From here we drift even farther into rumor-ville, so if you’d like to head into this film (somewhat) fresh, now is a good time to back out.

According to a few leaked plot synopses, in the ensuing years between the World’s Fair and the “present day” timeline of the movie, David Nix has become the leader of Tomorrowland. Unfortunately, he’s also become corrupt and power hungry, exiling those who get in his way. He’s also apparently abandoned Plus Ultra’s mission of opening up the doors of Tomorrowland to the public, instead focusing on technological advancement for his own benefit.

In an effort to change things, Athena ventures out of Tomorrowland in search of someone who can help, which is presumably where Casey Newton (Britt Robertson) enters the picture.

It’s worth noting that Nix is featured briefly in the promotional site, penning a ridiculously condescending letter to Steve Jobs after rejecting him from Tomorrowland (the letter also confirms that the pins don’t actually take you to Tomorrowland, they just let you glimpse it). He definitely comes off as a villain (or at least an a-hole), lending some weight to the rumors that he’ll be the primary antagonist in the film.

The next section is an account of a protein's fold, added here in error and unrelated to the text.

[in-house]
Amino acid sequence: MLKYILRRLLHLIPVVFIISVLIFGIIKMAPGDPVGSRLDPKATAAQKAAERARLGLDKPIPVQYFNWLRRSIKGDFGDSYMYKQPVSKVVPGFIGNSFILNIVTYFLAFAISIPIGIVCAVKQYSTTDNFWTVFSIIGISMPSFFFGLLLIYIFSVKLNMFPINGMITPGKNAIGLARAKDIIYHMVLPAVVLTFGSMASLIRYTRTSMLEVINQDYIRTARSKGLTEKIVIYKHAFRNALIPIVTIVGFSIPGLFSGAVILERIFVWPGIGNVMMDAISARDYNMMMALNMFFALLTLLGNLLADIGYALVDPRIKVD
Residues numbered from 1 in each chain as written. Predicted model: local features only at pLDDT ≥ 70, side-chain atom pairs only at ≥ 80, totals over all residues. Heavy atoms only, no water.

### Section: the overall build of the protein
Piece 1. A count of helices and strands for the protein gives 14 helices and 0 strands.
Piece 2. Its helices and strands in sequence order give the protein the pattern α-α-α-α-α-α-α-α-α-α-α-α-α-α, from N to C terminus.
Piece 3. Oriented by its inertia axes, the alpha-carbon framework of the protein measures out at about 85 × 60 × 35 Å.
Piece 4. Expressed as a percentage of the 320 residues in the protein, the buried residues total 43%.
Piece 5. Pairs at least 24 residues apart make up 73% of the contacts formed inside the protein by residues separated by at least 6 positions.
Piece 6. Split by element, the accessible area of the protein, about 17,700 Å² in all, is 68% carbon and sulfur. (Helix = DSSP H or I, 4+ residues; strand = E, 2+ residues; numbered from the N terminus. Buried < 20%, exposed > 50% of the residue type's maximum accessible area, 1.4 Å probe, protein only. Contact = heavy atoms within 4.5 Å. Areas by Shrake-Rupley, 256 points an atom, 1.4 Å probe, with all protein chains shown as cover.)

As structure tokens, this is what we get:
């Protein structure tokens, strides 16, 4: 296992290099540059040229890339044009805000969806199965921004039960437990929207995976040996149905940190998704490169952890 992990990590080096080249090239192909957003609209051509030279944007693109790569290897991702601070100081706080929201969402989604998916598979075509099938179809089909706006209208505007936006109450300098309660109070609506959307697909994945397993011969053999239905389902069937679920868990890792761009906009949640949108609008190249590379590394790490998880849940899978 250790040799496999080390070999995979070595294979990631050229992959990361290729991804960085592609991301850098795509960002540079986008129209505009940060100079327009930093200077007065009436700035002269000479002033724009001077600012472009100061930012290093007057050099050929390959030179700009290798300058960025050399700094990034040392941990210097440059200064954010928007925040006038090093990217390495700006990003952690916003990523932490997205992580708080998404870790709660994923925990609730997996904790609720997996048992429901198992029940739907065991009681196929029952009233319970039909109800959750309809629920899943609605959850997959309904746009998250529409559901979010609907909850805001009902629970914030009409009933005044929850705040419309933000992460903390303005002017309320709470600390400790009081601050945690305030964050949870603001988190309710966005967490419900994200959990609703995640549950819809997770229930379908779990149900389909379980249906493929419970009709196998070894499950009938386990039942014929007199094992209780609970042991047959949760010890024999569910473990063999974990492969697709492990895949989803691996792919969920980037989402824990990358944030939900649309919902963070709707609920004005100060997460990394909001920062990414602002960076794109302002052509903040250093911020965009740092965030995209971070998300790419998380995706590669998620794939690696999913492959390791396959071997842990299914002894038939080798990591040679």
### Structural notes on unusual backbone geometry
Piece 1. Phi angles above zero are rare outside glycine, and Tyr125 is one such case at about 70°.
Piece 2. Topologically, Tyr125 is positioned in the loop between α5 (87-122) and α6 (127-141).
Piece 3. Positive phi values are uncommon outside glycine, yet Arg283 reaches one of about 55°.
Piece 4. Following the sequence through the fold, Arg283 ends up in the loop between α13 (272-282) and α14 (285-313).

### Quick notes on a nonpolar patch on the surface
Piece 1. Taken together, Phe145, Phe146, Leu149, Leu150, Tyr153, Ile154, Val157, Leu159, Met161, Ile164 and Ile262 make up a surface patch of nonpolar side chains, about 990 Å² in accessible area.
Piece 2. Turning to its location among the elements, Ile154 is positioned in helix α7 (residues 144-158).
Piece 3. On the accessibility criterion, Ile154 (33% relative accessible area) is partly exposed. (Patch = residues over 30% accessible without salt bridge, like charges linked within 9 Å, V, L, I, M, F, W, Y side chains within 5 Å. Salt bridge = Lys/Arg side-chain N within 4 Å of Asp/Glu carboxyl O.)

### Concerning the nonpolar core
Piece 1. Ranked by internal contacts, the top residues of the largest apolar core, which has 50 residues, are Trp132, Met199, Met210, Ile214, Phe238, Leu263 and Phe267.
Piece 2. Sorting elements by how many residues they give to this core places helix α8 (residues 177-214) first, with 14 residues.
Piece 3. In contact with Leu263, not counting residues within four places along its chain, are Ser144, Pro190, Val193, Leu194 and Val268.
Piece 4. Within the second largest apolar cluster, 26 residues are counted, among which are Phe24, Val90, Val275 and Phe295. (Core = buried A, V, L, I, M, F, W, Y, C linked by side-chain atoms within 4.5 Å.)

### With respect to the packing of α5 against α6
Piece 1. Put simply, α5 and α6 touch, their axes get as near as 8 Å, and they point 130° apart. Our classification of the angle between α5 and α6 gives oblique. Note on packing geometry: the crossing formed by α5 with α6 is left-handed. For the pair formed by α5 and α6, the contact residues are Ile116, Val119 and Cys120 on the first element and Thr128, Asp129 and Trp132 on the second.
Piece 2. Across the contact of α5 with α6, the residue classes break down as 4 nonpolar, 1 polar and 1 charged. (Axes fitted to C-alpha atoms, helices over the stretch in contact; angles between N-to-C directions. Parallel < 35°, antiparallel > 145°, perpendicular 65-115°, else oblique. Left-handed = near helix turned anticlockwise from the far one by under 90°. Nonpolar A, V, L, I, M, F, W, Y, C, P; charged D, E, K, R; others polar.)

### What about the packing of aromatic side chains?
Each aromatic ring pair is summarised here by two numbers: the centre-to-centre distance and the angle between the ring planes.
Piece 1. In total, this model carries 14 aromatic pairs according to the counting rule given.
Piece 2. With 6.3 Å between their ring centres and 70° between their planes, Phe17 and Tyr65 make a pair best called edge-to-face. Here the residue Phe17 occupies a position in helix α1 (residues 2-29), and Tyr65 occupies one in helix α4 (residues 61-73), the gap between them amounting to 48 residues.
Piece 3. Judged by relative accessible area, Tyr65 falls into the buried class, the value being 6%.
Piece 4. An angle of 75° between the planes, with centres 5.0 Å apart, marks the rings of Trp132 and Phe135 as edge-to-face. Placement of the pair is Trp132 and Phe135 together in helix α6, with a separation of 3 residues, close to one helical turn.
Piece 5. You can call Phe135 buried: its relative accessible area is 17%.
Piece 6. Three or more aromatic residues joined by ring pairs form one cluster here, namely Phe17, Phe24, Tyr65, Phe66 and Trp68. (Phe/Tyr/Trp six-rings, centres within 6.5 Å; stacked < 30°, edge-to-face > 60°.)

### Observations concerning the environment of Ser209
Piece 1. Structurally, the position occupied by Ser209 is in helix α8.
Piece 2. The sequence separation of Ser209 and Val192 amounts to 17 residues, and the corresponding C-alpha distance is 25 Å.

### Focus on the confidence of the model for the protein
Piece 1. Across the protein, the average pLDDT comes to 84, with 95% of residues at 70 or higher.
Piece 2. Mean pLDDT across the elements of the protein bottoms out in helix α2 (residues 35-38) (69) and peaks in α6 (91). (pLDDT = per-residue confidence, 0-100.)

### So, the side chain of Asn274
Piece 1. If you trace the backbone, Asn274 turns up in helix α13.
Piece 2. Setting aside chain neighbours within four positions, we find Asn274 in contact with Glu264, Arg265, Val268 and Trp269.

Going by that same note, this likely means that the robo-goons we saw attack Frank’s house in the trailer were probably sent by Nix as well, all part of his effort to keep outsiders from finding out about Tomorrowland. Why it looks like Nix and Frank Walker are working together in the second trailer is still a mystery.

Granted, all of this is still technically a mystery, given it’s almost entirely speculation. But from what we’ve seen in the trailers and this latest website so far, I think we’re starting to get a pretty good idea of what Tomorrowland actually is, and what it is makes for some damn fine worldbuilding.

The film hits theaters on on May 22, 2015.